City council calls for real estate tax relief | northwest

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In recent years, the second of the three readings of the Lewiston budget was marked by numerous amendments from city councilors who wanted to leave their mark.

But the second reading of the 2022 city budget on Monday evening revealed only three such changes. And only one of them can go anywhere, despite having to wait for the final reading next week.

That change came from Alderman John Pernsteiner, who suggested taking about $ 440,000 from city reserves to lower property taxes. The amount equates to about five days of city operations, and Administrative Services Director Dan Marsh estimates the books have about 108 days of reserve.

Pernsteiner suggested that the city could conveniently access and use this fund balance to replace the same amount of property taxes.

“I think it is good practice to have around 90 days (in reserve). So if we use five of those days we still have a cushion, but it also reduces the overall tax burden, ”he said.

Councilor Bob Blakey supported Pernsteiner’s proposal, but only for discussion’s sake. He asked Marsh and City Manager Alan Nygaard if they had any reservations about the move. Nygaard said although he trusted Marsh’s memory and numbers, it would be better to return to the council next Monday with accurate numbers for the final budget reading.

“I would much rather see us give you the exact information and then make the right application based on that exact information,” said Nygaard, noting that reducing the tax burden was a “good cause”.

If adopted next week, the change would reduce the amount of property tax revenue in the city budget from $ 104 million from the current $ 23.3 million to $ 22.9 million.

Another change also involved the use of reserve funds, with Councilor Kevin Kelly suggesting using 2.2 days, or about $ 200,000, to hire two additional officers to enforce the code at the Lewiston Police Department. Code enforcement is a long-standing problem in the city, with only two officials tasked with educating, monitoring, and citing residents on things like junk cars, weeds, and noise violations.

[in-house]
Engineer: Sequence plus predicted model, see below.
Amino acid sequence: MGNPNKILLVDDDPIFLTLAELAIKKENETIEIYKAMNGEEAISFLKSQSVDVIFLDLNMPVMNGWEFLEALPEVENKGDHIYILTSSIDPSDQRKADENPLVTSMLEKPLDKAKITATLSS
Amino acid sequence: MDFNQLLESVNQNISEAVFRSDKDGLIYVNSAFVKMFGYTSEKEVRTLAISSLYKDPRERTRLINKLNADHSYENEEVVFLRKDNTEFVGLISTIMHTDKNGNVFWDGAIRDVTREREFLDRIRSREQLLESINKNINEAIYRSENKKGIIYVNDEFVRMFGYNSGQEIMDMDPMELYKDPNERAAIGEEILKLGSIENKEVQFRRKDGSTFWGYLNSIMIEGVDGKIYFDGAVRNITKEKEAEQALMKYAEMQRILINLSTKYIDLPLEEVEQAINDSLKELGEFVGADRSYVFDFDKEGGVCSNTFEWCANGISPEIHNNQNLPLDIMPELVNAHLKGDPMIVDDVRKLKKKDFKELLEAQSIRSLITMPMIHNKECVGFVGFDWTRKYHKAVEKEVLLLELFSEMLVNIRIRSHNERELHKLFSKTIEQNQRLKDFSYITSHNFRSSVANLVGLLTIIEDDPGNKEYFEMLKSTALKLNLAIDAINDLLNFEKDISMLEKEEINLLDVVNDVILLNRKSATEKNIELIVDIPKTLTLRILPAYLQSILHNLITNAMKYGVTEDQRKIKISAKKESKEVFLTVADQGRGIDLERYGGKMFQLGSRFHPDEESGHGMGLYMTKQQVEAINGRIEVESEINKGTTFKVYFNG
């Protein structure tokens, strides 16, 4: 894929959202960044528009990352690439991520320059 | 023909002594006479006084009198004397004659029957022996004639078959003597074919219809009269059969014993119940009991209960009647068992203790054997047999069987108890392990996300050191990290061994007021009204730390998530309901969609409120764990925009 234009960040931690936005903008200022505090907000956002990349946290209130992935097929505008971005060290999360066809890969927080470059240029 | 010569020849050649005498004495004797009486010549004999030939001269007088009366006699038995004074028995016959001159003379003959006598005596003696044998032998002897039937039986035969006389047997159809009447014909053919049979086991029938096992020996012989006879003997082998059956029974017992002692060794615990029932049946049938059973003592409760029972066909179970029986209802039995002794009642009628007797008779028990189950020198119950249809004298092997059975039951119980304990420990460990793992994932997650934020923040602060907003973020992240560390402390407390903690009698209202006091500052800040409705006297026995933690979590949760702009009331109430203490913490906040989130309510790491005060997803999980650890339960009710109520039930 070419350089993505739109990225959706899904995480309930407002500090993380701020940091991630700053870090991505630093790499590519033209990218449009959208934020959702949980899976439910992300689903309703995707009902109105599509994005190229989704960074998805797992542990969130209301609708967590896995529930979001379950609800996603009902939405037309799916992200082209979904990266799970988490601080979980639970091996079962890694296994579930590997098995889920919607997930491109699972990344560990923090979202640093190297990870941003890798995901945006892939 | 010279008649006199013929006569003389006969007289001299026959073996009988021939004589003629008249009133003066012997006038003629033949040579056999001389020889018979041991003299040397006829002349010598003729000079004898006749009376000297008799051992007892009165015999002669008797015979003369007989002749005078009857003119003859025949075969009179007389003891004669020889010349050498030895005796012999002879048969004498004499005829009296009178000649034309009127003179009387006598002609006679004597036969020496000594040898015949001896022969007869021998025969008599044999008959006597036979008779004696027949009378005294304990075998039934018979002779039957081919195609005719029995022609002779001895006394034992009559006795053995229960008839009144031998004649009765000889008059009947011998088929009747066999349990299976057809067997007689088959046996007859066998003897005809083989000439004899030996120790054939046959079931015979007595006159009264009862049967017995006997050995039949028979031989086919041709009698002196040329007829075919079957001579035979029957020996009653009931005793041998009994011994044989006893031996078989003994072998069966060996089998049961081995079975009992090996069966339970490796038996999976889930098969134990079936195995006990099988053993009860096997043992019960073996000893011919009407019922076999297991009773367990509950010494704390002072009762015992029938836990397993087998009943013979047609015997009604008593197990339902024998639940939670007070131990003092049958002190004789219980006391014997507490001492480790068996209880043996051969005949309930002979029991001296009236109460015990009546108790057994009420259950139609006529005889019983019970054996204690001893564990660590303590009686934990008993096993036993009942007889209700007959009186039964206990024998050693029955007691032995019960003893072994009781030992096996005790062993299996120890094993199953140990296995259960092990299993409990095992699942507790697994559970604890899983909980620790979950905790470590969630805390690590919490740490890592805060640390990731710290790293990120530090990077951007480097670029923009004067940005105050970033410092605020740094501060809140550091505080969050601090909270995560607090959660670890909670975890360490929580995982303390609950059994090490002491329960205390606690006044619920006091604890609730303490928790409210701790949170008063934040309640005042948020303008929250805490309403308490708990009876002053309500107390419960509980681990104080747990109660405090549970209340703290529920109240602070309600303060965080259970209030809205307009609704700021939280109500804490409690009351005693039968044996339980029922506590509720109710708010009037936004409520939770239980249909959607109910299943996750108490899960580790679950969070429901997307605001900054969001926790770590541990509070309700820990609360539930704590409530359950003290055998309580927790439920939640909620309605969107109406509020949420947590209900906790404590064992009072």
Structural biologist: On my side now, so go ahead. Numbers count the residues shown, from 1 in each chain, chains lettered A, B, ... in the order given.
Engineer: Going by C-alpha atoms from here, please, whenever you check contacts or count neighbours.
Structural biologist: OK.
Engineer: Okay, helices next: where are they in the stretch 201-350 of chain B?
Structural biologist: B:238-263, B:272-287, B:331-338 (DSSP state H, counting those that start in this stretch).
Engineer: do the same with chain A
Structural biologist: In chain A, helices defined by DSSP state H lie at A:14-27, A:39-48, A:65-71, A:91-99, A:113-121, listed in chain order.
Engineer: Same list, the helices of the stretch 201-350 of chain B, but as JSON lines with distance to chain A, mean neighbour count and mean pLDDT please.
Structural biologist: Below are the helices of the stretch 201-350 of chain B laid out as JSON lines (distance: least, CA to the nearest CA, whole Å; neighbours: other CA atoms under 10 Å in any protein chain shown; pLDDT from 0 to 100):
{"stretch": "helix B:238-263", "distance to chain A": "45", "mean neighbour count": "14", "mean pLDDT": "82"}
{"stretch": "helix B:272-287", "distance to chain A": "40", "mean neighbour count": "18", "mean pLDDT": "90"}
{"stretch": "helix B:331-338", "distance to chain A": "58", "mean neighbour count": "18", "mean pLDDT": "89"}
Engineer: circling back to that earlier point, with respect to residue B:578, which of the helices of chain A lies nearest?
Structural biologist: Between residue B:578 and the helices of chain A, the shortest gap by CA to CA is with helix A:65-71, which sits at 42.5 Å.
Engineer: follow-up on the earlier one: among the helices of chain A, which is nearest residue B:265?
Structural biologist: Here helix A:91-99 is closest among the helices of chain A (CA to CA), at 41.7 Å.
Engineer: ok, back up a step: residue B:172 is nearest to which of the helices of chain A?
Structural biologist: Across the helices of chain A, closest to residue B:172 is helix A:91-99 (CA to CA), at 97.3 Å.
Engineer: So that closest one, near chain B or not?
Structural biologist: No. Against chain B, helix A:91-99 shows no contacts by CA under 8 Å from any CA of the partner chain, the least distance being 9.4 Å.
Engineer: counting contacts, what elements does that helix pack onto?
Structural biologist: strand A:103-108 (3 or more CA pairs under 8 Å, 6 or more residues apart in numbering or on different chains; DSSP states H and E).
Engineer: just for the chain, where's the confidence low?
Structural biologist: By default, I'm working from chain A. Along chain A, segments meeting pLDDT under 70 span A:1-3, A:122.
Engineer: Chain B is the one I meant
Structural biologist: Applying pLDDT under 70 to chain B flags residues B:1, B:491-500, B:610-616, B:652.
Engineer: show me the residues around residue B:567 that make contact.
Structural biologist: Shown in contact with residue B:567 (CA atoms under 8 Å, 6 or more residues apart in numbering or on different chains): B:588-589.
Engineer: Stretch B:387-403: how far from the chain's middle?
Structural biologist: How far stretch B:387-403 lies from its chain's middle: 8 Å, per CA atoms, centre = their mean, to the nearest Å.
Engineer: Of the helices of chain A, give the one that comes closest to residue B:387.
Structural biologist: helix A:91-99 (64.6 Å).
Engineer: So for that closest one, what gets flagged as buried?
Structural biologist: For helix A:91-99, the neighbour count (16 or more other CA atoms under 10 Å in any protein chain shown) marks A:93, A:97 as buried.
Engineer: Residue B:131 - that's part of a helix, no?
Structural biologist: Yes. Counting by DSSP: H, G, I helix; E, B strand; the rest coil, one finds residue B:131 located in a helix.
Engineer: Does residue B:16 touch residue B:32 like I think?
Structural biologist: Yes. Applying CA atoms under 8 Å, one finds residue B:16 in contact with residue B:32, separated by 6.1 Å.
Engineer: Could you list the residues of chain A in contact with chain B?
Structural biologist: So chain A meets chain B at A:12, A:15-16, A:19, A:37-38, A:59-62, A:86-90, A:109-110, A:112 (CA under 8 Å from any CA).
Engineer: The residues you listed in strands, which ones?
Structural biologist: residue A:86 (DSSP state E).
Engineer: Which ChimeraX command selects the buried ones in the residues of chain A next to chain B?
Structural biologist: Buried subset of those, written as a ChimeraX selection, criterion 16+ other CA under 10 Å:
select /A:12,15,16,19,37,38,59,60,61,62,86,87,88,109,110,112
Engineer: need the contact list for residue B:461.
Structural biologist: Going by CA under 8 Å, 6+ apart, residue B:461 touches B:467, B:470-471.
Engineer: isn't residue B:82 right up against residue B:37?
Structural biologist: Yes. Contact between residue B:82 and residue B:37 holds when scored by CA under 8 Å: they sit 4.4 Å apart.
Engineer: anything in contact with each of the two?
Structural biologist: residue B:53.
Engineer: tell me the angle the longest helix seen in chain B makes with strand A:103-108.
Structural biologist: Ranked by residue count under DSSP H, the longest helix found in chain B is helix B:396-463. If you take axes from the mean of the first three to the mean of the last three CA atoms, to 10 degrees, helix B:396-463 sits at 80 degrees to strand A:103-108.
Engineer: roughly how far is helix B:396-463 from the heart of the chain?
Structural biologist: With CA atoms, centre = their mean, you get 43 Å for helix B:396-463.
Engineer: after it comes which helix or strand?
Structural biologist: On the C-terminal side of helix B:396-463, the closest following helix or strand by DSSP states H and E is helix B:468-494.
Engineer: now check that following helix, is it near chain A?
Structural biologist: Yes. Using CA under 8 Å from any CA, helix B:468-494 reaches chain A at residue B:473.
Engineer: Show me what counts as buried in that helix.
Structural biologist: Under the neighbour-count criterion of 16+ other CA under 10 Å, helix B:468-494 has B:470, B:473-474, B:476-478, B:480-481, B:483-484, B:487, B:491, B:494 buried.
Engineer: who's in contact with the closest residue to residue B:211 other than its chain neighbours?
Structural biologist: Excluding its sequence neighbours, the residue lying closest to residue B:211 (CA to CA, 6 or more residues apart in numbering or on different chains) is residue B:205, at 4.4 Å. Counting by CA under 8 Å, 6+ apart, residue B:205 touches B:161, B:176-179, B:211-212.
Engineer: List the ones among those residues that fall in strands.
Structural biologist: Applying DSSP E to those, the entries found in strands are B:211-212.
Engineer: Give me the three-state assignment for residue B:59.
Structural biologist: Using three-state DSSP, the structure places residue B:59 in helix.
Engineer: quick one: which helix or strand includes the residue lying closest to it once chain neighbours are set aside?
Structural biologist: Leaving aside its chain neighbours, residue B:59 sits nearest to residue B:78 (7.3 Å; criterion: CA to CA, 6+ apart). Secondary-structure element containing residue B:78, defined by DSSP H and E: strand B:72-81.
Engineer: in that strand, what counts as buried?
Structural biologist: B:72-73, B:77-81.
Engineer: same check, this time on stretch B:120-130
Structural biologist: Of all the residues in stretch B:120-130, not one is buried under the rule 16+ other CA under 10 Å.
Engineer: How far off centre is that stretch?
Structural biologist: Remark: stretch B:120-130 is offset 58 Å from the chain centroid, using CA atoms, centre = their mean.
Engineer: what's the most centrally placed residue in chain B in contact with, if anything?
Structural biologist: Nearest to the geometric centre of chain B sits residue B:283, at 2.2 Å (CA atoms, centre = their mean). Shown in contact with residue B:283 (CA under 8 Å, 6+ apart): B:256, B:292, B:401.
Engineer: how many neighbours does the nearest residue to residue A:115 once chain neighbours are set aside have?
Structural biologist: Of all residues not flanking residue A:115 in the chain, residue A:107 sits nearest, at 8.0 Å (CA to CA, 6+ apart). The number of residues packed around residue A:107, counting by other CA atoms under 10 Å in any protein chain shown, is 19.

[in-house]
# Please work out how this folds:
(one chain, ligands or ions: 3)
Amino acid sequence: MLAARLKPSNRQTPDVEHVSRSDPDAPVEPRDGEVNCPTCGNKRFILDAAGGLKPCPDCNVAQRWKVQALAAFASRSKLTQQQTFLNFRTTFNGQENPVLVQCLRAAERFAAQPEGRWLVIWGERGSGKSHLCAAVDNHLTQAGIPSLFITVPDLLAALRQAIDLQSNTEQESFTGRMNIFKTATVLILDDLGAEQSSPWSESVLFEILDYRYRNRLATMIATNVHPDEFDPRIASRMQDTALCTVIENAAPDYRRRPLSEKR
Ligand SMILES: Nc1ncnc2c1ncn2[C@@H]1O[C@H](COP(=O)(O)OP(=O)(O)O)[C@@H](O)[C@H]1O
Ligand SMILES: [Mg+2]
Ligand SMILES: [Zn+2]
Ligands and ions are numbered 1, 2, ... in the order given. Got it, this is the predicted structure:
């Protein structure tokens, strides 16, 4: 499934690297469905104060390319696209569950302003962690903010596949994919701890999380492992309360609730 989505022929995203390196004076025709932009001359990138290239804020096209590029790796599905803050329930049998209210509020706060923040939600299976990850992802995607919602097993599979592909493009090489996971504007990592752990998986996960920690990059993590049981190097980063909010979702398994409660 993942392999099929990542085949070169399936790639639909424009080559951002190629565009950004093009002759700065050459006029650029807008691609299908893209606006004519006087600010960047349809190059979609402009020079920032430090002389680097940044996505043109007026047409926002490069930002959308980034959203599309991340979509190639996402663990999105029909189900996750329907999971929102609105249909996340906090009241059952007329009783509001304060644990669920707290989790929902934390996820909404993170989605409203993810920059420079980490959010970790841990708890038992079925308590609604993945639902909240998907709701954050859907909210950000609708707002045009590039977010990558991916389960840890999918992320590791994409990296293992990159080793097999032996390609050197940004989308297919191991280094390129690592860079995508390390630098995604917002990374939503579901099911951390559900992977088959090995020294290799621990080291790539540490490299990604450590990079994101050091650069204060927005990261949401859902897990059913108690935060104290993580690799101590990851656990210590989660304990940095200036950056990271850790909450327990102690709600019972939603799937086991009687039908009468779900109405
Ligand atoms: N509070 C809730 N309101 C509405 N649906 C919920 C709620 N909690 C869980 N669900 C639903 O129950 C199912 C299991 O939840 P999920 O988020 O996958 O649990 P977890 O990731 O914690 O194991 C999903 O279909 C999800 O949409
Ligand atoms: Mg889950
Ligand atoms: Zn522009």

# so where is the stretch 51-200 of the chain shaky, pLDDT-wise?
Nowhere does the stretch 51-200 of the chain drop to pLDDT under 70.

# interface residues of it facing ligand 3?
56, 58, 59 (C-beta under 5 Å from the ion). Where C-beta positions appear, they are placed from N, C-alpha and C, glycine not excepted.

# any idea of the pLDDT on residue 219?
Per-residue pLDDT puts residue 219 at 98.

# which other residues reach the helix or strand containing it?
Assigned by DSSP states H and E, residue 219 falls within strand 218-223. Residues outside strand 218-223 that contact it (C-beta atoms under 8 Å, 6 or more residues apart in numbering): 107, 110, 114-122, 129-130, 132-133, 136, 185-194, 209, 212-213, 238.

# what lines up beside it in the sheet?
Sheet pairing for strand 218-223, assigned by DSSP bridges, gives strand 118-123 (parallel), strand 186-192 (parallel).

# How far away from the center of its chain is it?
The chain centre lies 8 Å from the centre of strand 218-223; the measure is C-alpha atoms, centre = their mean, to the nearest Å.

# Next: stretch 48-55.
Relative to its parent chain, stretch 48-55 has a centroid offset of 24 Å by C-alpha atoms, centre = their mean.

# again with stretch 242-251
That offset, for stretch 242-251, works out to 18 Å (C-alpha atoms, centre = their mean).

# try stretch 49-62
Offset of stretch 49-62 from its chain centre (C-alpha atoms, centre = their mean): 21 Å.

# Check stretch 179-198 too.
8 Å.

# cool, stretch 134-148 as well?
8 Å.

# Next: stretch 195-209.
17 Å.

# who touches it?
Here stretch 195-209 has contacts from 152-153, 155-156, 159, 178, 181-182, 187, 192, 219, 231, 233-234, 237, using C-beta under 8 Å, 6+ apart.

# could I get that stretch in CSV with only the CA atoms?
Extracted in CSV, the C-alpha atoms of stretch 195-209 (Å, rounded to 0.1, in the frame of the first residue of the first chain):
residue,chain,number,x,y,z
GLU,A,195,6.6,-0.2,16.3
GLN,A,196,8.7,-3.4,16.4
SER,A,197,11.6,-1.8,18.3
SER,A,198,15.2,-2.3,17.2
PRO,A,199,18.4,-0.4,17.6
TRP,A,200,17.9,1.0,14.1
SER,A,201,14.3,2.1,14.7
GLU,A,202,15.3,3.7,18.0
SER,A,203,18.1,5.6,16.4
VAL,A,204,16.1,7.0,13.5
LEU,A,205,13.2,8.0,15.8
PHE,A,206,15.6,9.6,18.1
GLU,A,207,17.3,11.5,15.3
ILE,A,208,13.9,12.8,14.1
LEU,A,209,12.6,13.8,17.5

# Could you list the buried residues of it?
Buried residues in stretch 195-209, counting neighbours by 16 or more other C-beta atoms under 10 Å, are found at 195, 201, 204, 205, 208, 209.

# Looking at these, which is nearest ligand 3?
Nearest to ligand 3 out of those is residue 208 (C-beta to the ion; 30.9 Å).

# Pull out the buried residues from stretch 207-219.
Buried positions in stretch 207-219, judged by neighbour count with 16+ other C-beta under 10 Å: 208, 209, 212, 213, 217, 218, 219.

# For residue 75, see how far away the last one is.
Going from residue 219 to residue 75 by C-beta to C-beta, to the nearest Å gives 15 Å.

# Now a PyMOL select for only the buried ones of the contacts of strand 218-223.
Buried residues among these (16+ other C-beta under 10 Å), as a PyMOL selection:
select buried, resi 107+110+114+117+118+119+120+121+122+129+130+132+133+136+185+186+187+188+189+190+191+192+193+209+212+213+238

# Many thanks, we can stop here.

And while other councilors shared Kelly’s concerns, they found the city is creating a new position on the prosecutor’s office to help with code enforcement issues. And last week, Police Chief Budd Hurd found that one of his law enforcement officers had just resumed after being out for nearly a year while recovering from an injury. Councilor Cari Miller said she would rather wait and see what impact this has on code enforcement before committing to hiring two full-time officials.

Blakey also rejected the one-time source of funding for ongoing positions and the lack of discussion in the council on the matter. He also said Hurd should comment on the proposal, which he couldn’t do on Monday as he couldn’t attend the meeting.

“I don’t like creating new jobs in the blink of an eye,” said Blakey.

The proposal failed when only Kelly voted for it.

Alderman John Bradbury also asked for a change to take the proposed $ 250,000 from the town library to repay the final amount the town plumbing fund borrowed to build the new library and reimburse it directly to the fee payers instead to put him in the city budget. This change failed for lack of a second.

City councils approved the first reading of an ordinance creating a new urban renewal district that would encompass much of the inner city and part of Normal Hill with 4-2 votes, with Pernsteiner and Bradbury voting no. Mayor Mike Collins was absent.

The ordinance was due to be presented to the council earlier this year, but was withdrawn when the American Recovery Plan Act allowed the city to fund a downtown aqueduct project that was the top priority for the new area. The revised plan now focuses on other infrastructure goals, such as improved connectivity between Normal Hill and downtown, signposts to help tourists find areas of interest, and homeowners to help remove dilapidated buildings.

The goals of the plan are largely based on the master plan for the inner city, which the council adopted in 2019 in order to advance the redevelopment of the most important historical district of the city. The council must approve two more readings before the area is officially created. In this case, the area will begin collecting property taxes from the new growth in the area. The city could then use the money to eventually fund projects or secure funding based on a promise of future funding.


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